Frances Tordoff came to stay at Rongo Backpackers & Gallery in the summer of 2012 on the recommendation of her daughter Bekki, who had previously worked at Rongo as a Wwoofer (Willing Worker on Organic Farm) several times since the hostel opened in 2004.
Rongo is part of the LivinginPeace Project, a venture founded in 2001 that combines art, travel, permaculture and education into a sustainable business. Environmental responsibility and energy efficiency are paramount in all LivinginPeace Project business decisions and the project has grown to include a backpackers hostel, motel complex, permaculture farm, 31-hectares of forest, a transport service, radio station and a share in the local organic food and clothing recycling shop.
Frances is originally from Manchester, England, but came to New Zealand in January 2012 to work in Dunedin as a rehabilitation instructor for visually impaired people.
“My daughter Bekki came home to the U.K. inspired after having stayed at Rongo, she was much more careful about recycling and introduce the bokashi (composting system) to our home, she was much more aware of the environment and the impact we have on it.” “As soon as she got home, she went into her room and said, “Why do I have all this stuff?” and immediately went about reducing her possessions, took a load of stuff away and gave it to the local charity shop.”
The changes in her daughter’s behaviour, and her persistent badgering to visit the LivinginPeace Project made Frances curious to visit Rongo and see for herself just what all the fuss is about.
At 56, Frances is no longer a young budget traveller off to see the world, but found staying at Rongo to be a pleasant and thoroughly enjoyable experience. “It was great, there were all sorts of nationalities of people staying when I was there and they were all getting on together.” I was not excluded from any activities because of my age and my stay at Rongo was very peaceful and relaxing…it’s a nice bit of space away from the madness.”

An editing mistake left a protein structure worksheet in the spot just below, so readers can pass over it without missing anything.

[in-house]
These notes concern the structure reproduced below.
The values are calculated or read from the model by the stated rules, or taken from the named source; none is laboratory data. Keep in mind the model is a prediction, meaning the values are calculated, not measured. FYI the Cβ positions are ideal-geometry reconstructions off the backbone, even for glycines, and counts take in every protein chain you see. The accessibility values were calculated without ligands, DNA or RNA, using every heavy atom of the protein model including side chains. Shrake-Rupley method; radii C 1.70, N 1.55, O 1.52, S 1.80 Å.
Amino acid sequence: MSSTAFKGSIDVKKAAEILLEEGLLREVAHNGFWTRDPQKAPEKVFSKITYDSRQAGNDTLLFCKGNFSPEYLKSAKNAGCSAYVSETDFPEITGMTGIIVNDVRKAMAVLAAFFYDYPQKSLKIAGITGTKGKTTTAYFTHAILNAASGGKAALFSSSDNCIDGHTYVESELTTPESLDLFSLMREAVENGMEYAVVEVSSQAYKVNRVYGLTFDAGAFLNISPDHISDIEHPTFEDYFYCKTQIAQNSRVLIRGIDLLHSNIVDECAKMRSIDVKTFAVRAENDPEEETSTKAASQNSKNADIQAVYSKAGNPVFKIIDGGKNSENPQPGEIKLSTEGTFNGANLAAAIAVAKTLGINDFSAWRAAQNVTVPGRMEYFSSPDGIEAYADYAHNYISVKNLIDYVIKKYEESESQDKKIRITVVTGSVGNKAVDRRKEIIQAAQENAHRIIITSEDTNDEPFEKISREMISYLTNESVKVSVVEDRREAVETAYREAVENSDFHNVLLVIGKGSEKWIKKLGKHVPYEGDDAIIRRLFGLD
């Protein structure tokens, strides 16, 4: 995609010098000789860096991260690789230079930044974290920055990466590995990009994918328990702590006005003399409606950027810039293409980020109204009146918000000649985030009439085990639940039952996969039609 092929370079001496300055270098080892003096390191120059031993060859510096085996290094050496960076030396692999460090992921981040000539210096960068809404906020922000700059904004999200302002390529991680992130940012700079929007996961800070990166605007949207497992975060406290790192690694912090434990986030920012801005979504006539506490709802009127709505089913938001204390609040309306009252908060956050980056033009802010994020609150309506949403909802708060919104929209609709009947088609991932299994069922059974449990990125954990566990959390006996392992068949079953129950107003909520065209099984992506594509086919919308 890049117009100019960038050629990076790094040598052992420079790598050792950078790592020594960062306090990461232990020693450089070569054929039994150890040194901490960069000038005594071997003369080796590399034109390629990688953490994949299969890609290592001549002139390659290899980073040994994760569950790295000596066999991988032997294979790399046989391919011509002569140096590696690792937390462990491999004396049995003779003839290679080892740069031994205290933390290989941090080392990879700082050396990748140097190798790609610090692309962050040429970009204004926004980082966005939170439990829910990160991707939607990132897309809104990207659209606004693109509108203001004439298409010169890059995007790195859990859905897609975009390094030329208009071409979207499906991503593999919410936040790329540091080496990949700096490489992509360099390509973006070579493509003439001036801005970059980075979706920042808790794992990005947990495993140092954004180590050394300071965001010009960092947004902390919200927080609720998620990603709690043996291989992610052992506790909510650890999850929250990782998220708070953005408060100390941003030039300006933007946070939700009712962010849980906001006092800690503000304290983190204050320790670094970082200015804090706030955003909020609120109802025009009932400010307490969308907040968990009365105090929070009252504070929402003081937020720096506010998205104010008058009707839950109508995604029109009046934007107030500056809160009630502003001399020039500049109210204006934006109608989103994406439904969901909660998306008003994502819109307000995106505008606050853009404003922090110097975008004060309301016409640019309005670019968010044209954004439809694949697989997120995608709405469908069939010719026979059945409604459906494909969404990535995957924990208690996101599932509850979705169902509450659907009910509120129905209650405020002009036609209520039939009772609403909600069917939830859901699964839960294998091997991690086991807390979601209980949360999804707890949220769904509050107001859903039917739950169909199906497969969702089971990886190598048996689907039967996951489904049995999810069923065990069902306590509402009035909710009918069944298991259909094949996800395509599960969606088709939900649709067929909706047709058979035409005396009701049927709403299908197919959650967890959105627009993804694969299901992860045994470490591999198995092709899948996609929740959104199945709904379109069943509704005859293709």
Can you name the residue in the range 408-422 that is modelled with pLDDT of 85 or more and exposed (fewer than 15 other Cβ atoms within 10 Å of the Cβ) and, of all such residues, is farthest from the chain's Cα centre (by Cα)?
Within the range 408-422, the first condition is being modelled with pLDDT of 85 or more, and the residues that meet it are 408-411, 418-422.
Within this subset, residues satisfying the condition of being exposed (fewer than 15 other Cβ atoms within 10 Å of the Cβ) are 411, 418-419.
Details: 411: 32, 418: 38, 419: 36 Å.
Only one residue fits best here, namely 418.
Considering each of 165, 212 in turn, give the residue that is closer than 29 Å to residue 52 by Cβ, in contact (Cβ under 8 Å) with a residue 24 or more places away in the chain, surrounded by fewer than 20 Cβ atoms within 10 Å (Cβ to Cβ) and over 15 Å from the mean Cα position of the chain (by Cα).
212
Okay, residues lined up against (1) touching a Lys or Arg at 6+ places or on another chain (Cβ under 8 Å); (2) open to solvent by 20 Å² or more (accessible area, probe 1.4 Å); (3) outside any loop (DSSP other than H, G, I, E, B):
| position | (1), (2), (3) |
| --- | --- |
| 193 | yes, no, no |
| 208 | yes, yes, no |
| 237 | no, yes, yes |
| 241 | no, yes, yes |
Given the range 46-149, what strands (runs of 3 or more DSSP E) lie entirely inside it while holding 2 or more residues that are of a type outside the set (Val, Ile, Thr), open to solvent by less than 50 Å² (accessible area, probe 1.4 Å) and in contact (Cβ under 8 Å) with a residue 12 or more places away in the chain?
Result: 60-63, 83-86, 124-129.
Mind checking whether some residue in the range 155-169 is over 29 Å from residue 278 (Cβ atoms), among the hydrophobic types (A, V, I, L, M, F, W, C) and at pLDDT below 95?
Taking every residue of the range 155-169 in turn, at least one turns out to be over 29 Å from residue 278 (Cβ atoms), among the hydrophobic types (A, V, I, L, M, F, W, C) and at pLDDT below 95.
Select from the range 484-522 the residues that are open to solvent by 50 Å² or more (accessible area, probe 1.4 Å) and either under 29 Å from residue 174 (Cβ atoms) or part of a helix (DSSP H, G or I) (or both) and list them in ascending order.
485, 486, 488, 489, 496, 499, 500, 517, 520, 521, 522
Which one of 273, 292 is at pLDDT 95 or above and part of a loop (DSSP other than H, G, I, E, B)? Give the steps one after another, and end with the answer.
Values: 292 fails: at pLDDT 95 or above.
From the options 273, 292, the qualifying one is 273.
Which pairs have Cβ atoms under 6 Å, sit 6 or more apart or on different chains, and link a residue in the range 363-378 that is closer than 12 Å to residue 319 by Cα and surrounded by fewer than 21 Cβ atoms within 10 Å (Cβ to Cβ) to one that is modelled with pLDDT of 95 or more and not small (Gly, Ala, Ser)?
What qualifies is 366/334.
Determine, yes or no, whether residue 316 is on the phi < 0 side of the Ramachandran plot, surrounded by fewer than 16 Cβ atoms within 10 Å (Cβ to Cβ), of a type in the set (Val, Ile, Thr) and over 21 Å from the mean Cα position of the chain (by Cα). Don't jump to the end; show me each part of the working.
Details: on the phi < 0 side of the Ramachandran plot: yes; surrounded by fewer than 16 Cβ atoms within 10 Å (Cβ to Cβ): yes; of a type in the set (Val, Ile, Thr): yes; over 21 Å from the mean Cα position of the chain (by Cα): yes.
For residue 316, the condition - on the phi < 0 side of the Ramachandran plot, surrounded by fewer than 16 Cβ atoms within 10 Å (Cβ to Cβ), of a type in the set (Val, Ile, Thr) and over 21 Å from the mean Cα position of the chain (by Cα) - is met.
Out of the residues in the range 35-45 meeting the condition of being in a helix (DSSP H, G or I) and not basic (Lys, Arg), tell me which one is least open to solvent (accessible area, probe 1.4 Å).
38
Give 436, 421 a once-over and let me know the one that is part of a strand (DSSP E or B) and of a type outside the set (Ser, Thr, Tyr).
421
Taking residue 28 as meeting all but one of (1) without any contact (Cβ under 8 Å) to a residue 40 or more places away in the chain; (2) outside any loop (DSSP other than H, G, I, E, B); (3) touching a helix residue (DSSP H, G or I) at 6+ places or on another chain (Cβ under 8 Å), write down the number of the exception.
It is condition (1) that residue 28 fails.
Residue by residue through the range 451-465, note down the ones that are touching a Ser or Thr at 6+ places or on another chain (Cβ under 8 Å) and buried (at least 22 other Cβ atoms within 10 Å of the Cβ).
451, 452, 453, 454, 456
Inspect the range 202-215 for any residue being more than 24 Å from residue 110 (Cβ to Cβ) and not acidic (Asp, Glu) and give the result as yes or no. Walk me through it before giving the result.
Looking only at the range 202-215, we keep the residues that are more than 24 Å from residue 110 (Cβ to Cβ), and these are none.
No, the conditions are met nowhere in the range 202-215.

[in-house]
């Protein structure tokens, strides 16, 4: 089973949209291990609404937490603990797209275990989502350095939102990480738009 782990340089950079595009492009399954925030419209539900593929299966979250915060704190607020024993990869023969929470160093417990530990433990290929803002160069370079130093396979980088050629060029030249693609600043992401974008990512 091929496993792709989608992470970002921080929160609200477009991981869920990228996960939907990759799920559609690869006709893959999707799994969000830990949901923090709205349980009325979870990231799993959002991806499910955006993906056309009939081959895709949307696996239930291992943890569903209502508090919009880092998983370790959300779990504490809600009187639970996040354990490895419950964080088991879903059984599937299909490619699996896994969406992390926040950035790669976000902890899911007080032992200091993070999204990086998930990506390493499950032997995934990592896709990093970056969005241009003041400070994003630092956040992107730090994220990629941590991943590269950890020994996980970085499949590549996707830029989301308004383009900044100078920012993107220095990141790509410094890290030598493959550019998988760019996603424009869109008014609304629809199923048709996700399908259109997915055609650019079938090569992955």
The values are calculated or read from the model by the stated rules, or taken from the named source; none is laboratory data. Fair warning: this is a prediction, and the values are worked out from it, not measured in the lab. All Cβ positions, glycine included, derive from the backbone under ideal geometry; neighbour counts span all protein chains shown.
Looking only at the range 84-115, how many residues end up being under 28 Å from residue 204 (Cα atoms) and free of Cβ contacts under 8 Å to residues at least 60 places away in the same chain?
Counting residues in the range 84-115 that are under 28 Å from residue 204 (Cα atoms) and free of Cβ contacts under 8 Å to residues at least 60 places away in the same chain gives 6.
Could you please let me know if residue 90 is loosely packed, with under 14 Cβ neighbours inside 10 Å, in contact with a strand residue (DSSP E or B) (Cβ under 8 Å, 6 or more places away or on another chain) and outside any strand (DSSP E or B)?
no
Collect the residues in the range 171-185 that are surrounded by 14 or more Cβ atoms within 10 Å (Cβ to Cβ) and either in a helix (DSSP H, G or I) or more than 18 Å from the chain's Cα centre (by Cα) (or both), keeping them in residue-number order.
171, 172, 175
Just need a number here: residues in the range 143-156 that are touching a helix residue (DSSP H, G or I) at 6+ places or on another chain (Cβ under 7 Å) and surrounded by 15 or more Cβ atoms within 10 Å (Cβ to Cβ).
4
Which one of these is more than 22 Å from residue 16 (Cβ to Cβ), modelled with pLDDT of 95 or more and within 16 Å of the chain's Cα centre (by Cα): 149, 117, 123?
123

The LivinginPeace Project has an programme whereby supporters of the project can donate money and in return, receive a holiday voucher in the form of a promissory note, which is a legally binding agreement between the LivinginPeace Project founder Paul Murray and the holder of the note. The LivinginPeace Project Promissory note/Holiday Voucher entitles the holder a holiday in Karamea at the LivinginPeace Project facilities and can be redeemed in accommodation, transport, meals, courses and art purchases. The vouchers are $1,000 and are valid for five years from the date of purchase. They are transferrable and can be given to another person as a gift.
Frances generously decided to invest $1,000 to the LivinginPeace Project and in return received a holiday voucher, which she can pass on to her younger daughter Alice, who is the only Tordoff family member not to have visited the project, or she may decide not to redeem the voucher, which would effectively make the $1,000 a donation to the venture.
“This place did so much for my daughter (Bekki), so this is a bit of pay-back…If I had more money I’d give it to you,” she said.
The money received from the LivinginPeace Project Holiday Voucher initiative will be used to further develop and improve the facilities and services so that they will be available to the people who choose to redeem their vouchers in the future. It is a means of raising money to invest in the project without the burden of debt-servicing and in the process, the sale of the vouchers serves to promote and market the venture.